Prince George County south of Richmond won the $170 million project, and a 180,000-square-foot manufacturing facility opened in 2011.
“(Rolls-Royce) looked at us and said ‘You all need to ramp up your training,’” Del. Terry Kilgore, R-Gate City, said of one reason why Southwest Virginia lost the project.
That training ramp-up effort took a major step forward last Tuesday when the Southwest Virginia Alliance for Manufacturing (SVAM), its partners and stakeholders cut the ribbon on a satellite training facility at the Pioneer Center in Duffield.
In September 2014, the Virginia Tobacco Commission awarded SVAM first phase funding of $2 million to establish a Center of Excellence in Southwest Virginia to offer hands-on, industry focused advanced manufacturing skills training. SVAM was awarded second phase funding of $3.2 million in October 2015 to continue efforts to open and support additional training sites throughout the region.
Advanced welding training will be offered at the Duffield satellite as well as instruction to prepare welders for welding certifications.
In addition, a so-called “Fab Lab” has been equipped and supplied so manufacturers, entrepreneurs, students and the public have the opportunity to take an idea from concept to design to production with access to CAD/CAM software and equipment such as 3D printer, Vinyl cutter, CNC Lathe, CNC Mill and other equipment.
Across the street from the Pioneer Center is the Tempur-Pedic mattress production facility needing skilled workers.
“At times we have had trouble fitting in maintenance and electro-mechanical positions,” Alex Lupi, director of Plant Operations at Tempur-Pedic, admitted at the ribbon-cutting. “We feel this a great need for the area, not just for us as a company ... to bring new business and new employees to the area for companies and manufacturing.”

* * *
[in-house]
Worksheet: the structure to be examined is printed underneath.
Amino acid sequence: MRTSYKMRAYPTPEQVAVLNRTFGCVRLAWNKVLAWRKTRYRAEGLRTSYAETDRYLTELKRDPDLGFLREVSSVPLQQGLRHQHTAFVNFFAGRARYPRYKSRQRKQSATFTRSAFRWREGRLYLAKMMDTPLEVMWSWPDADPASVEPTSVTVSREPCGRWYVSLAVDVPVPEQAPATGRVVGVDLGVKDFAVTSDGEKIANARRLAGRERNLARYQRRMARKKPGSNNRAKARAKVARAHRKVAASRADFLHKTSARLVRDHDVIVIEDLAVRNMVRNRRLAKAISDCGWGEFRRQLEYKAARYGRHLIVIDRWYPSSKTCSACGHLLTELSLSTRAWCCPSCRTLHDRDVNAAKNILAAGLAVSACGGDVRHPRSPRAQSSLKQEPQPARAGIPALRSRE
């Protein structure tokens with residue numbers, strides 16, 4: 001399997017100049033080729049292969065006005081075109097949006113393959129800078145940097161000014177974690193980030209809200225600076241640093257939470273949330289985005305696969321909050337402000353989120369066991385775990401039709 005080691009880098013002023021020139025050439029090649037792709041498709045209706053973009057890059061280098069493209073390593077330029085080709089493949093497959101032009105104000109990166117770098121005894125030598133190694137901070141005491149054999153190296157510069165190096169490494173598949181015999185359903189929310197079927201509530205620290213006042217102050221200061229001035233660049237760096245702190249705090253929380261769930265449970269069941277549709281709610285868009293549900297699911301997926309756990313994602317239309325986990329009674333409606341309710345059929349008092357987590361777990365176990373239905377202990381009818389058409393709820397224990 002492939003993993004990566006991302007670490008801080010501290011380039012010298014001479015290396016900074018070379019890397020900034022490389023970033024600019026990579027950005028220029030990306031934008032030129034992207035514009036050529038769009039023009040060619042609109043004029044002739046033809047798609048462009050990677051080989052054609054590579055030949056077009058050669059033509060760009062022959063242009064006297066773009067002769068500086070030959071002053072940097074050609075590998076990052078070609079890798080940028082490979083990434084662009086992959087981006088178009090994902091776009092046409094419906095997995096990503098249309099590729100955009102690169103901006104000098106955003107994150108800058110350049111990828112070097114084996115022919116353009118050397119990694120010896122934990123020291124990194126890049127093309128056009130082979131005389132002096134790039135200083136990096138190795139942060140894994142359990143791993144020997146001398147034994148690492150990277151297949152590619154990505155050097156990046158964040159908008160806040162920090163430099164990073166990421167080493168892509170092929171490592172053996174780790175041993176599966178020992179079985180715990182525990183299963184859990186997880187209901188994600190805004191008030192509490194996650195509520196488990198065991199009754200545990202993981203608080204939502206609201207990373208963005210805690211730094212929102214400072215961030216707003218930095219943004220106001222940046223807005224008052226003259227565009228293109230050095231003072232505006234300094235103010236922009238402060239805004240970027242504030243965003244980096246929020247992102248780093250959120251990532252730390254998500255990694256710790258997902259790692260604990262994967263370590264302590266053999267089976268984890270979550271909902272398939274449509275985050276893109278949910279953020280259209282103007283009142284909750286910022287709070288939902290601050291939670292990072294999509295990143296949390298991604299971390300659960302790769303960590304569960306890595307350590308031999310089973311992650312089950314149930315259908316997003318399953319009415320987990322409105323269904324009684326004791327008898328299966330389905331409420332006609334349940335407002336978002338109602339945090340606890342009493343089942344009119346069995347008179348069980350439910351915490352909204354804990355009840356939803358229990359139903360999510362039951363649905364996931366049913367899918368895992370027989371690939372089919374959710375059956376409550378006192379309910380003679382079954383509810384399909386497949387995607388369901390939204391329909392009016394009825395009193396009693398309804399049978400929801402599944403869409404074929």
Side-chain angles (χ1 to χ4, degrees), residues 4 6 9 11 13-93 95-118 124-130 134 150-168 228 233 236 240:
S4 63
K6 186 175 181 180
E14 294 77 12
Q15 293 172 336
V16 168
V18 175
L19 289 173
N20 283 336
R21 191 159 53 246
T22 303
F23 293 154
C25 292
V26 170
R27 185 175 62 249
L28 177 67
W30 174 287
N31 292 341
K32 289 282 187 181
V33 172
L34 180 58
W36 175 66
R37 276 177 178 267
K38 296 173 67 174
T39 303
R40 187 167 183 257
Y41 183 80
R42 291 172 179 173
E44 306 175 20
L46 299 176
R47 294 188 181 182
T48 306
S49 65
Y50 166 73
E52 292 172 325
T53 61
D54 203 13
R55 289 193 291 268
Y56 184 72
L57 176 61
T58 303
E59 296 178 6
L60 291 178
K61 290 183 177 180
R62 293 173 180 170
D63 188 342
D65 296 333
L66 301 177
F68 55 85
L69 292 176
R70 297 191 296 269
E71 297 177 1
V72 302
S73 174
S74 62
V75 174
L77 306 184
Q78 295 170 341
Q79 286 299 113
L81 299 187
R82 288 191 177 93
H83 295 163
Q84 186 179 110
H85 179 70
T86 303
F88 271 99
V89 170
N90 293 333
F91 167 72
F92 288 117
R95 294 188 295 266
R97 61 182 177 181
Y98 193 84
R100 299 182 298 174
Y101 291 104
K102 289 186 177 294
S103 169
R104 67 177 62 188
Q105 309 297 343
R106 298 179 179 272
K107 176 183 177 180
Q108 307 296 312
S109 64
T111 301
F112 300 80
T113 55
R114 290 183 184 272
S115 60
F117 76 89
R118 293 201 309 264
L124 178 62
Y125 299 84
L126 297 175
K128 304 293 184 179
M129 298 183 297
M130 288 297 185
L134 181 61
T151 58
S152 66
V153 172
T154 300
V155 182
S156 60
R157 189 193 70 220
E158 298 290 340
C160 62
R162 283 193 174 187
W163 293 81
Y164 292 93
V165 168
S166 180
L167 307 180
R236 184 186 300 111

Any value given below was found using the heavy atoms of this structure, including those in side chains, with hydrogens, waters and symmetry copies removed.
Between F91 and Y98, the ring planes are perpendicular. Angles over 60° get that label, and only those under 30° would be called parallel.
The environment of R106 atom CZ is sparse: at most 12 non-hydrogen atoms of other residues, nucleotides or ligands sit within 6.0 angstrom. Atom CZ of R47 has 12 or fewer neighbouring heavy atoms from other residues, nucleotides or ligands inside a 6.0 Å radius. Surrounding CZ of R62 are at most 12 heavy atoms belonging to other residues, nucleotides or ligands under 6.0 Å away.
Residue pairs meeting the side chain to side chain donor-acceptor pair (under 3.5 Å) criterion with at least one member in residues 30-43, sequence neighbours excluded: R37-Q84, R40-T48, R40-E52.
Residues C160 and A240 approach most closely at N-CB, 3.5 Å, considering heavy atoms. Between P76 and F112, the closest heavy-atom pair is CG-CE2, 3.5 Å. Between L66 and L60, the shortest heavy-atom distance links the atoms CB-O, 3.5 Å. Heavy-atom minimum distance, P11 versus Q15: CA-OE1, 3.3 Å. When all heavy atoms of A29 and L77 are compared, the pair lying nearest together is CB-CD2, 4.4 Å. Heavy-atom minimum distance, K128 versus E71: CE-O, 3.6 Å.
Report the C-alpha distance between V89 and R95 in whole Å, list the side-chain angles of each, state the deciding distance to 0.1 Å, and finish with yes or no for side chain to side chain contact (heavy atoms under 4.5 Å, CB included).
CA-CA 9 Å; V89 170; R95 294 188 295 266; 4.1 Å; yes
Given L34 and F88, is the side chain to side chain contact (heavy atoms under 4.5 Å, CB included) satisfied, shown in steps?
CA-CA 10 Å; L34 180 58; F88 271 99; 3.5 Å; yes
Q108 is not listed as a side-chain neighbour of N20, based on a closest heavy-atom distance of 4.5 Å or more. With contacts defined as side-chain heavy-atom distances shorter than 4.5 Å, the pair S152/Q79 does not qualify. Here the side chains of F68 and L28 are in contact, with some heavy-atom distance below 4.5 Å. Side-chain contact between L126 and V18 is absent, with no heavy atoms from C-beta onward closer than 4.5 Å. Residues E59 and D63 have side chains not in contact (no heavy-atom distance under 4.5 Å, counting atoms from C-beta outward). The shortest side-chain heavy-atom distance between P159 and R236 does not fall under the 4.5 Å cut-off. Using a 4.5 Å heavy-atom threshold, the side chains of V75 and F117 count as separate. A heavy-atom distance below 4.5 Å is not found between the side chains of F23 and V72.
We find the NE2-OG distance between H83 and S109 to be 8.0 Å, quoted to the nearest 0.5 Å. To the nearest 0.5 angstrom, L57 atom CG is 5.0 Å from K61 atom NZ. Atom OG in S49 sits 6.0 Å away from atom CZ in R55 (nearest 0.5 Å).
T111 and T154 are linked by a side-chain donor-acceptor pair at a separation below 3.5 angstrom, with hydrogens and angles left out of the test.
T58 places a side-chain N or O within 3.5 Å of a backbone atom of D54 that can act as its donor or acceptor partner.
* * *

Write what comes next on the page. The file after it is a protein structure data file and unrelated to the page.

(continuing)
SVAM Board of Directors Chair Kevin Mumpower, vice president of Project Engineering at Bristol Compressors, noted the satellite facility has to be a model for the region.
“We’ve got to stop thinking about ‘We’re Washington County or we’re Smyth County.’ We’re Southwest Virginia and we’ve got to start thinking that way,” Mumpower insisted. “This is not just a training center. This is an economic development tool. We want to get manufacturers to move here. We want to maintain the manufacturing base we have. So this the key for that.
“We need to link middle and high schools for vocational training, and retrain workers coming out of the military and coalfields. This (satellite facility) is a big deal.”
State Sen. Bill Carrico, R-Galax, advised each locality in the region has to be thinking about job advancement.
“This is a way we can bring the region together and compete for manufacturing and industry,” Carrico said of the satellite facility.
Kilgore, who chairs the Virginia Tobacco Commission, also indicated students need to change their mindset about how to enter the workforce.
“For too long we’ve told everyone they have to go to college and they have to get that four-year degree. That’s not exactly the case now in the world we live in today,” Kilgore said.
Mumpower said the plan is for the Duffield satellite facility to begin training this year. The main campus is at the Virginia Highlands Small Business Incubator in Abingdon.
“Once we get all of our instructors certified, we will hold an advertising and marketing campaign in the school systems,” he explained. “We’re talking about 100 (students) initially, maybe 10 to 12 in each facility.”
For more about the SVAM Center of Excellence or regional training network, go to www.svamcoe.org. SVAM is a non-profit organization headquartered in Abingdon, Va. The organization is focused on supporting and strengthening manufacturers currently in the region as well as welcoming new industry. For more about SVAM, go to www.swvam.org.